03/29/09 — Re-enactors show soldiers' life around time of 1862 battle

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Re-enactors show soldiers' life around time of 1862 battle

By Dennis Hill
Published in News on March 29, 2009 2:00 AM

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Tim Seaman, left, Mongo Thornton, Lynn Bull and Bobby Richter, all members of Andrew's Battery, cover their closest to the cannon as they complete a cannon firing demonstration at the Goldsborough Bridge Battlefield.

Civil War re-enactors representing troops who defended Goldsboro against attack in 1862 put on a show for local residents Saturday, re-creating a Confederate encampment and demonstrating rifle and cannon fire on the site of the real battle.

The living history program was sponsored by the Goldsborough Bridge Battlefield Association, a non-profit group that is working to establish and bring recognition to the battle fought on Dec. 17, 1862 and the men who took part in it.

The association is planning a full-scale battle re-creation at the site off Old Mount Highway for December, on the battle's 147th anniversary. Between 400 and 500 re-enactors are expected, said Randy Sauls, the president of the association.

Saturday's program gave members of Andrew's Battery a chance to practice their artillery skills. The unit, fashioned after the actual gunnery unit that included men from Goldsboro, spent most of the war guarding the coastline, at forts Macon and Fisher.

Visitors were able to tour the camp, which included a temporary blacksmith shop operated by Kirt Jarrett, and hear descriptions of the fighting that took place in the woods and fields lining the Neuse River.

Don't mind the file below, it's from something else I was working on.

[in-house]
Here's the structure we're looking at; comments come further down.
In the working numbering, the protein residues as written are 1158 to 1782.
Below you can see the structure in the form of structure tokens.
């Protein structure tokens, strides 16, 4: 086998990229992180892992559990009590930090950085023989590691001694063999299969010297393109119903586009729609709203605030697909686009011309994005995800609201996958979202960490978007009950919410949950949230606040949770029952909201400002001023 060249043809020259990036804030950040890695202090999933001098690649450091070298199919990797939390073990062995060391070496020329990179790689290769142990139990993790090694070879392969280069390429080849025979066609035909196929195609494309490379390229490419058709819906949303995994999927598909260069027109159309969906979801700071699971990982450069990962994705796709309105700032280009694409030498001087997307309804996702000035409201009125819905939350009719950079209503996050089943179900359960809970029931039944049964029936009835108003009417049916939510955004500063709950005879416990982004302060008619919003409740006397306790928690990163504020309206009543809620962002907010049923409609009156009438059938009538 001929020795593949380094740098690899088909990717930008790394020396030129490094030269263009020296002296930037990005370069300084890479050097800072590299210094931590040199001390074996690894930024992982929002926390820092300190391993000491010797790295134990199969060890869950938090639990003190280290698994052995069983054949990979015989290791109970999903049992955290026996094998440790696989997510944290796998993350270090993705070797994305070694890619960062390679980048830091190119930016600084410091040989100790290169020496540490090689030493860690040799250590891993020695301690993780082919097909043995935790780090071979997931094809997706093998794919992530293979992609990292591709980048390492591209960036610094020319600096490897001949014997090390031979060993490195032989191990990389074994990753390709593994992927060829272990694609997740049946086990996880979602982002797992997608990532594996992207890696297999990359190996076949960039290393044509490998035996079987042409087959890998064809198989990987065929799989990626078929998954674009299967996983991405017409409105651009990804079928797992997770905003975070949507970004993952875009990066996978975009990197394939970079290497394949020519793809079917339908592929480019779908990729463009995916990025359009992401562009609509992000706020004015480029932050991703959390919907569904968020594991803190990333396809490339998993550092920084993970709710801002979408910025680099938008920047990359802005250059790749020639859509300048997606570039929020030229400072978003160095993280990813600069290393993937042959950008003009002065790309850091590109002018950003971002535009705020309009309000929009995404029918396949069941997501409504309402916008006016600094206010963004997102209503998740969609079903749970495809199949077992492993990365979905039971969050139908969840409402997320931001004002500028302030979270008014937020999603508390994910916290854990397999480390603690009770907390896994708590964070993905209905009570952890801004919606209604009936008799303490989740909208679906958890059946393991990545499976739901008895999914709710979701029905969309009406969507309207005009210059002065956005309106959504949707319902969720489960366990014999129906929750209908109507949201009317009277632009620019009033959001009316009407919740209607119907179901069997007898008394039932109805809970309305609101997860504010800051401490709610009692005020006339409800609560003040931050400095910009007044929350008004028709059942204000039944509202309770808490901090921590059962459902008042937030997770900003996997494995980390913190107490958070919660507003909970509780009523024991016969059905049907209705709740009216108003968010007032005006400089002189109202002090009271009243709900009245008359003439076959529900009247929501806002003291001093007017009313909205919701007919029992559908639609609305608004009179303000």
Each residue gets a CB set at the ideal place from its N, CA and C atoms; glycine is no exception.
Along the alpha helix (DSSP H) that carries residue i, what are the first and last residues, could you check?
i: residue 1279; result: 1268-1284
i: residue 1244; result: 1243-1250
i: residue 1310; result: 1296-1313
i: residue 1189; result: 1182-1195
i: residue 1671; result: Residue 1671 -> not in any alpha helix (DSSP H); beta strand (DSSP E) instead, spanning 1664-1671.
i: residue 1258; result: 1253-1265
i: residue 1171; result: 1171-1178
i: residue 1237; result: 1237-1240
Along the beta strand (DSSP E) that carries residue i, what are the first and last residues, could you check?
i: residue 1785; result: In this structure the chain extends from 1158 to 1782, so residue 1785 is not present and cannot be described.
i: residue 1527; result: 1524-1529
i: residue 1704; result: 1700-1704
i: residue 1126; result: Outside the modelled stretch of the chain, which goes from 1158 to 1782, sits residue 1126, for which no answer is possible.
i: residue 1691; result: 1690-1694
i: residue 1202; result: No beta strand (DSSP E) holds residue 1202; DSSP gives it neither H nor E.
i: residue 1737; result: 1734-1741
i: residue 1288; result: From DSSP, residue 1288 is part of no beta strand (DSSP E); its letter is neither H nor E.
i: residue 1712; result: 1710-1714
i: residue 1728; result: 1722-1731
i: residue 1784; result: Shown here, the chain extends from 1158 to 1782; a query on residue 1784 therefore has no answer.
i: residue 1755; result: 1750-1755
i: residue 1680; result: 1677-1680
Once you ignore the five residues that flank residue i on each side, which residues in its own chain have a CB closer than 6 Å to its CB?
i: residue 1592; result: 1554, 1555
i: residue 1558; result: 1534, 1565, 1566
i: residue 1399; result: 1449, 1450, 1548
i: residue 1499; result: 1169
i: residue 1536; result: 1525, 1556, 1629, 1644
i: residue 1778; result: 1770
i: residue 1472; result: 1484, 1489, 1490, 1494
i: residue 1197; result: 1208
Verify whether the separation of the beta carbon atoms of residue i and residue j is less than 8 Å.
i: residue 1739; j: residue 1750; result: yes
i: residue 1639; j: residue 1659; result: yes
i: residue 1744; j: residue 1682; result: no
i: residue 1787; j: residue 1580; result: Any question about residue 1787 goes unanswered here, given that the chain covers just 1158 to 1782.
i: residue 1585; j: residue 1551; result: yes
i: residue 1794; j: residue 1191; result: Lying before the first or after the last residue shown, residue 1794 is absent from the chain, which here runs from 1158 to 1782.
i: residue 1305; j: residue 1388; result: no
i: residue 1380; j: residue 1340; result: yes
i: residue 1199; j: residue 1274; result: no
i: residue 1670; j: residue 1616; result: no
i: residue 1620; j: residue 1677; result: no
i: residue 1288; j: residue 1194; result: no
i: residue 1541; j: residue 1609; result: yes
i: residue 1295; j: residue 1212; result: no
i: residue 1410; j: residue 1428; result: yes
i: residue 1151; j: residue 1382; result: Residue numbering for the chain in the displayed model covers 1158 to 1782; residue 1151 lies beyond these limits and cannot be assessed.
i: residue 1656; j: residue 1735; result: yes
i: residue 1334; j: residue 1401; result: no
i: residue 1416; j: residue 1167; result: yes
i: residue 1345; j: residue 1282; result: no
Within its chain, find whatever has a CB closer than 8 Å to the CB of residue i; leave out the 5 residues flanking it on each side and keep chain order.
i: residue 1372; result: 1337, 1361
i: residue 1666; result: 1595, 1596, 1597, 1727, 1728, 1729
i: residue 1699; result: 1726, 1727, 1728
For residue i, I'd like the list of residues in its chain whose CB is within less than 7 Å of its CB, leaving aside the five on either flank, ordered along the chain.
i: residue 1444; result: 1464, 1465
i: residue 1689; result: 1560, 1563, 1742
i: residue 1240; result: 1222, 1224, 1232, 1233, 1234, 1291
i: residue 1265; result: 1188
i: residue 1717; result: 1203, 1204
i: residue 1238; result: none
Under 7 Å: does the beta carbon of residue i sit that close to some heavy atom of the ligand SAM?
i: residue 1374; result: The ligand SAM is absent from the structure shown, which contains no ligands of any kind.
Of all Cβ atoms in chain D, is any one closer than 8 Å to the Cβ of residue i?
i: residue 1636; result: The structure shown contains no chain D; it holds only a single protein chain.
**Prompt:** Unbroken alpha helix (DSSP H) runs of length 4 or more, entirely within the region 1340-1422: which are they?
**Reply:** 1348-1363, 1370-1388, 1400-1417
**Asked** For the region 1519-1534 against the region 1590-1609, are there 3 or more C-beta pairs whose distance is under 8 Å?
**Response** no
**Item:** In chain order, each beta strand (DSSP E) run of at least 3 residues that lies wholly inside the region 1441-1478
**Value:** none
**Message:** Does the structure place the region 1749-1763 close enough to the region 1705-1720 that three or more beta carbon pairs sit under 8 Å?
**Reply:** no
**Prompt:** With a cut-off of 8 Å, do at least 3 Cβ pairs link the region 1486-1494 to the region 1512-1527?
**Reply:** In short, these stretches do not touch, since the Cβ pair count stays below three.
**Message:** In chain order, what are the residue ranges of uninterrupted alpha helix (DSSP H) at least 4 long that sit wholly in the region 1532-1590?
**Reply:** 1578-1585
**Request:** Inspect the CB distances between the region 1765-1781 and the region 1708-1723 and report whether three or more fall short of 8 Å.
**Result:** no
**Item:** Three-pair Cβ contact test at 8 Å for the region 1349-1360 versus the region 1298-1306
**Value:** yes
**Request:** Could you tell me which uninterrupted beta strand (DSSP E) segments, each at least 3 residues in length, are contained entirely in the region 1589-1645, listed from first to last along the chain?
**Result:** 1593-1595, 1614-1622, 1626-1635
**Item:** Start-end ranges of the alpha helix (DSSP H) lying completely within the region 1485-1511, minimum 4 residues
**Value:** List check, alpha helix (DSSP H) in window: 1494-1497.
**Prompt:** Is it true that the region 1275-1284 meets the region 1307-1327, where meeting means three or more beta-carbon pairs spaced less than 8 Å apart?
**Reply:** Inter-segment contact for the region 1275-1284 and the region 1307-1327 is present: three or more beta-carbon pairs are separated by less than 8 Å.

When Union invaders advanced on Goldsboro in December, 1862, the inhabitants could not know that Gen. John Foster's goal was to merely destroy the Wilmington & Weldon Railroad bridge south of town, Sauls said. They likely believed Foster's 10,000 men had come to conquer the town itself.

Foster had come from New Bern, hitting Kinston and Whitehall, now Seven Springs, along the way. Kinston had surrendered to the Union troops and Goldsboro residents, knowing their defenders were outnumbered, might well have feared they would come to the same fate.

Following the shootout at Seven Springs, Foster's columns continued west. A day before the battle at Goldsboro, Union cavalry surprised Mount Olive townspeople, tearing up the railroad there and cutting telegraph wires.

The next day, the Union force approached the bridge at Goldsborough, remnants of which can still be seen. Confederate forces were outnumbered 5-to-1 but they kept the blue-coated soldiers at bay until, on a second desperate attempt, a volunteer dashed forward and set the bridge afire.

Considering his mission accomplished, Foster pulled back. The arrival of Confederate reinforcements by rail from Virginia at that moment likely helped him make up his mind. The Southerners even managed to mount a counter-attack but were repulsed with heavy losses.

Sauls said the Goldsbor-ough Bridge Battefield Association, which has erected fences and markers at the battlefield, hopes to have a monument honoring the units that fought there ready by December's re-enactment. It also is working to refurbish an old barn at the site that could be used for various functions.

For more information, visit www.goldsboroughbridge.com or www.andrewsbattery.org.